\ Jurisdictional requirements for modifying child support orders | The Law Offices of Paula D. Kleinman
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Jurisdictional requirements for modifying child support orders

Following the finalization of California divorces that involve child support orders, it is common for the circumstances of the parents and children to change, particularly the financial statuses of the parents. Since the child support obligations were calculated before these financial changes, the payments could have a big impact on either or all parties. When a parent petitions for a modification of the child support order, however, the court that has jurisdiction over the case must be considered, especially when the parents or the child have moved to another state.

The Uniform Interstate Family Support Act addresses the issue of which court has jurisdiction over modifying child support orders. The UIFSA has been adopted in every state. In California, the state has exclusive and continuing jurisdiction over child support orders if the obligor, the obligee or the child remain residents of the state.

In some situations, the obligor may move following a divorce and lives in a different state than the custodial parent and child. If the obligor moved to California and wants to file a petition to modify the child support order, the individual can file the petition in the state to initiate the proceedings in the state in which the custodial parent and child live. In a situation where the custodial parent and child moved to California, the petition may be filed in the obligor's home state as long as it is the state that issued the order.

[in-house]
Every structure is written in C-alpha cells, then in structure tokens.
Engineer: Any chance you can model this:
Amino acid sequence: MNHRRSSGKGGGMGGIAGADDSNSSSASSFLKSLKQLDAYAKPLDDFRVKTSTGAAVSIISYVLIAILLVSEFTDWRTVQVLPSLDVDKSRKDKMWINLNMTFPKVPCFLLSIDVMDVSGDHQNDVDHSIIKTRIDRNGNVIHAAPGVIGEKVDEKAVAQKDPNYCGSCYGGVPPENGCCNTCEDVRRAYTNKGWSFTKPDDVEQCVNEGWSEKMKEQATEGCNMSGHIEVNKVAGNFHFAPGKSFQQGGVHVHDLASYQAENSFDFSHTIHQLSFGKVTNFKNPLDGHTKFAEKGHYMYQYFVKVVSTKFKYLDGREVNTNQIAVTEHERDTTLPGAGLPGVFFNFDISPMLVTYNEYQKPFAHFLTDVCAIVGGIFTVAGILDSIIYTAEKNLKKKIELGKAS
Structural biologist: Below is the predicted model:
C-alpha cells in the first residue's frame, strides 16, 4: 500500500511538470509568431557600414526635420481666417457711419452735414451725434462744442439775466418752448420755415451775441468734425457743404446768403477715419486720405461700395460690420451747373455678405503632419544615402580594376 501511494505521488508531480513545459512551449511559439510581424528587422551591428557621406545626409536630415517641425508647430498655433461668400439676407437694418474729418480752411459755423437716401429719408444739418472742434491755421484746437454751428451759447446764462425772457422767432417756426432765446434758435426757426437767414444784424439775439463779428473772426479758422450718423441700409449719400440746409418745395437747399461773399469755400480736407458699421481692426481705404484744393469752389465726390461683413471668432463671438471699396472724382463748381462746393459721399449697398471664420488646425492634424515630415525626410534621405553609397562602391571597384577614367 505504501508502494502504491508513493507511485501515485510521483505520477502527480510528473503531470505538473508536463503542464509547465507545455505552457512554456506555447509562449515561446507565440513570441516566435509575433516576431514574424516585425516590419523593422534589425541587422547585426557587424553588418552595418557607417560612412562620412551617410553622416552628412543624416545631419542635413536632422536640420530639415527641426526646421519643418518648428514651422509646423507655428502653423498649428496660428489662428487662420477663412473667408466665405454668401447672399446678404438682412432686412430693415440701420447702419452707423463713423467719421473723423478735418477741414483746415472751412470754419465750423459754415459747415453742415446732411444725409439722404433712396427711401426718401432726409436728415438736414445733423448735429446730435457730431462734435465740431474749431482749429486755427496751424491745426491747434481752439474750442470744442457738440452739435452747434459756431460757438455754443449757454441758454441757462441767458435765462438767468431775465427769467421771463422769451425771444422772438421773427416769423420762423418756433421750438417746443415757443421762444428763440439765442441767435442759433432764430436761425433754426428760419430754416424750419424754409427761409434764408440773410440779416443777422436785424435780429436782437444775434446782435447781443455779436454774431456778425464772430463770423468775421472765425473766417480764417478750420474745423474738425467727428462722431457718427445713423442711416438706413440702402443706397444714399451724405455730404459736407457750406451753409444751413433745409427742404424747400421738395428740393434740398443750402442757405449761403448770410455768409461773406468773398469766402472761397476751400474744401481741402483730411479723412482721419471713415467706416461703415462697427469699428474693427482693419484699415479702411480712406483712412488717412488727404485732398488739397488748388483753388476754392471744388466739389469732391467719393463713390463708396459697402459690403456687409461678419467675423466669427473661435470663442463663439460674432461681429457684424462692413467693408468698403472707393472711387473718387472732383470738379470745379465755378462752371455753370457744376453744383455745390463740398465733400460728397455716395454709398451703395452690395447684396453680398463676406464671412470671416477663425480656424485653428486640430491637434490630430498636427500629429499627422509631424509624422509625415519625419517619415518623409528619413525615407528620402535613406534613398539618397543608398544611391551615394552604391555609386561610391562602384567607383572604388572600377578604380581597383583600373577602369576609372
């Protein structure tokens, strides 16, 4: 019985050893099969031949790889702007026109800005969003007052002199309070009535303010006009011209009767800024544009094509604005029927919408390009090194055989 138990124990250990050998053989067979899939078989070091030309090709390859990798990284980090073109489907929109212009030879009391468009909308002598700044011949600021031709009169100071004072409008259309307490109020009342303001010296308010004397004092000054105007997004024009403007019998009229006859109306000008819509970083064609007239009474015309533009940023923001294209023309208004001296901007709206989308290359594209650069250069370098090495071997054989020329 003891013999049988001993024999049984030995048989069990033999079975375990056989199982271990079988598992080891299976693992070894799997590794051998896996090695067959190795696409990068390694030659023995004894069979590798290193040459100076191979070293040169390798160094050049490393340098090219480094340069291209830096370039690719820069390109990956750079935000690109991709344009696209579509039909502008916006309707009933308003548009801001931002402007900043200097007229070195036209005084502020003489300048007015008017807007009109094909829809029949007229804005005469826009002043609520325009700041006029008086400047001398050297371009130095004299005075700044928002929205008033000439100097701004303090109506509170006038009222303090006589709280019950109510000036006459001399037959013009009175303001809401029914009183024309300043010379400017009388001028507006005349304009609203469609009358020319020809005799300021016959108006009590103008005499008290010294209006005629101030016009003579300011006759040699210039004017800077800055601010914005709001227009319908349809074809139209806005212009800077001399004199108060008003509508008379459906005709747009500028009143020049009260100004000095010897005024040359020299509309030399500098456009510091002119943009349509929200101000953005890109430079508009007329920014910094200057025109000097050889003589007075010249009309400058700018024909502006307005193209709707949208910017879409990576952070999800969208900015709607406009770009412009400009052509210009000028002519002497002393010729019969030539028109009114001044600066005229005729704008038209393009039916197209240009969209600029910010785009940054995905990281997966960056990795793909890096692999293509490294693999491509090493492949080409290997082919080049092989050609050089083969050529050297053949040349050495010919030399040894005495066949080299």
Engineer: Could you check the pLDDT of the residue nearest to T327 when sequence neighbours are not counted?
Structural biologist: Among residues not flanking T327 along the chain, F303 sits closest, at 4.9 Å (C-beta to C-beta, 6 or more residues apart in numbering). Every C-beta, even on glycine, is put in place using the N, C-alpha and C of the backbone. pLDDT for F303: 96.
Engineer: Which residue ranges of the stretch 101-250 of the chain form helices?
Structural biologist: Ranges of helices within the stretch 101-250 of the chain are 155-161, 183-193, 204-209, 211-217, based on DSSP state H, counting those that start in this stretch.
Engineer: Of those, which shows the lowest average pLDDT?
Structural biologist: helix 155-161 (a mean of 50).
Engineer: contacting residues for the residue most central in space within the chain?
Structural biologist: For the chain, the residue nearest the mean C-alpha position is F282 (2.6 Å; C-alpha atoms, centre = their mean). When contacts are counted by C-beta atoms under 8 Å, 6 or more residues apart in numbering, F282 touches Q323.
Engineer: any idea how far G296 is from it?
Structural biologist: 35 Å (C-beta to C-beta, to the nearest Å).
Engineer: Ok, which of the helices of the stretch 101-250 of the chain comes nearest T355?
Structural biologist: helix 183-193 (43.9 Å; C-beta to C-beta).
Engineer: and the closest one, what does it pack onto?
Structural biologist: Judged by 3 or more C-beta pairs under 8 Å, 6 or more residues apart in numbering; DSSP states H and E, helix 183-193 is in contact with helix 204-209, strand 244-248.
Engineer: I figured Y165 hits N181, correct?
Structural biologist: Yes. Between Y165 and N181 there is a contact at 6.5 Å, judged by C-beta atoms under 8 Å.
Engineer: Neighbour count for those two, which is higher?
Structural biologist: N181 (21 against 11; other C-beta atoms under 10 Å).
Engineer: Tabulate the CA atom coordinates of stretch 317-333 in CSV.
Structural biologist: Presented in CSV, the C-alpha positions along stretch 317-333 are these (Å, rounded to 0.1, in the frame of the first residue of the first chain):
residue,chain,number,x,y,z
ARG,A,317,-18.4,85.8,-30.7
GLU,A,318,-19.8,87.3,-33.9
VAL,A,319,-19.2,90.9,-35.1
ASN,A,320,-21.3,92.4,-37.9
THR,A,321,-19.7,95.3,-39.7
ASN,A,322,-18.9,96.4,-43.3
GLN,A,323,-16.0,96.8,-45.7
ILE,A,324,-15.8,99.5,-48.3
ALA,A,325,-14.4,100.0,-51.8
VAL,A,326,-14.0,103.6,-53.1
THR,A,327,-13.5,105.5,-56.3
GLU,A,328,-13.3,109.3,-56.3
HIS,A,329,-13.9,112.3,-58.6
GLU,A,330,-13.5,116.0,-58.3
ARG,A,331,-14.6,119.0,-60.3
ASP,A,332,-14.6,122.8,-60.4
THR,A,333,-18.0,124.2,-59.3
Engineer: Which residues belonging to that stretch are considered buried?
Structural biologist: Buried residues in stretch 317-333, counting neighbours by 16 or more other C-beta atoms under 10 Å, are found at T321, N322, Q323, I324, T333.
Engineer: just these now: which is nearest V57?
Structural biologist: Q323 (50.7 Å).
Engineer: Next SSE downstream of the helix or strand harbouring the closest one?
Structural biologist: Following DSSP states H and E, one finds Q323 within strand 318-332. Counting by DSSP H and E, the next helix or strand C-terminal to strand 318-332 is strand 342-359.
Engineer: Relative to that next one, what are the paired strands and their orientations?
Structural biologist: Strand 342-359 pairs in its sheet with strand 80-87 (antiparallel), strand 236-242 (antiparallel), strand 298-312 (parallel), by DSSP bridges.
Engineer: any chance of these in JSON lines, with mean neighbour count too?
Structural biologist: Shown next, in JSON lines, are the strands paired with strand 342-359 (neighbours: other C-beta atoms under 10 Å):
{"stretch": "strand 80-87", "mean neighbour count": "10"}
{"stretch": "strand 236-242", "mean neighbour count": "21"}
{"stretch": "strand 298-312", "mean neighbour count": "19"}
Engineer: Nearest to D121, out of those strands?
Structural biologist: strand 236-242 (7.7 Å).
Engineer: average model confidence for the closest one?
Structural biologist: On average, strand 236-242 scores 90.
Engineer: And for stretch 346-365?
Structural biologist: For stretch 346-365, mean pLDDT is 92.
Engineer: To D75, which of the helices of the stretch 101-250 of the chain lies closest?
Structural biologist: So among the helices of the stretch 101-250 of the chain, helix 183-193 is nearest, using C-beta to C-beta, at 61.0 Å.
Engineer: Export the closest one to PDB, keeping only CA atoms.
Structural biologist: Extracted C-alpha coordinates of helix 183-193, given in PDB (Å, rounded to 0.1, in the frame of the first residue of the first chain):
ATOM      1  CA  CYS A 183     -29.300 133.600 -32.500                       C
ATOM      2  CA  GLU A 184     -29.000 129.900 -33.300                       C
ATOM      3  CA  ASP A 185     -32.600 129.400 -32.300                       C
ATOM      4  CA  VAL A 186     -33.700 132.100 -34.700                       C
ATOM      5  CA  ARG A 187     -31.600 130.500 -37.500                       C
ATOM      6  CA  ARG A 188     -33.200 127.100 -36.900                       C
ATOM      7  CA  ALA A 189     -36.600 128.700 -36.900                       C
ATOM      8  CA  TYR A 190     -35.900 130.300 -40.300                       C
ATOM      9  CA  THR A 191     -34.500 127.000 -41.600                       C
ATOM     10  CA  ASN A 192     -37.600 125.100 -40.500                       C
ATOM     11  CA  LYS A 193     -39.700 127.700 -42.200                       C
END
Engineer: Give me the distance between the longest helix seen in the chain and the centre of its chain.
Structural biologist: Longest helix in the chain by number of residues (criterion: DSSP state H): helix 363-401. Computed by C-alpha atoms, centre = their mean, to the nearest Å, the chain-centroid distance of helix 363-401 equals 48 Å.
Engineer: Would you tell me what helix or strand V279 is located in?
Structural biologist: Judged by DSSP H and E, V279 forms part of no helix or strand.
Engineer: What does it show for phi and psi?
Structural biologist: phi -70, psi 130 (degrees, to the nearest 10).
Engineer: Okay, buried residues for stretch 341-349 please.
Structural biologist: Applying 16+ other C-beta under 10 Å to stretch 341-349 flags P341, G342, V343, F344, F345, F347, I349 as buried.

Child support disputes can become contentious, but there are many cases where the parent who is under a court order to make payments becomes unable to do so because of an unexpected financial downturn. Those who are in this position may want to discuss with a family law attorney the requirements for seeking a modification.

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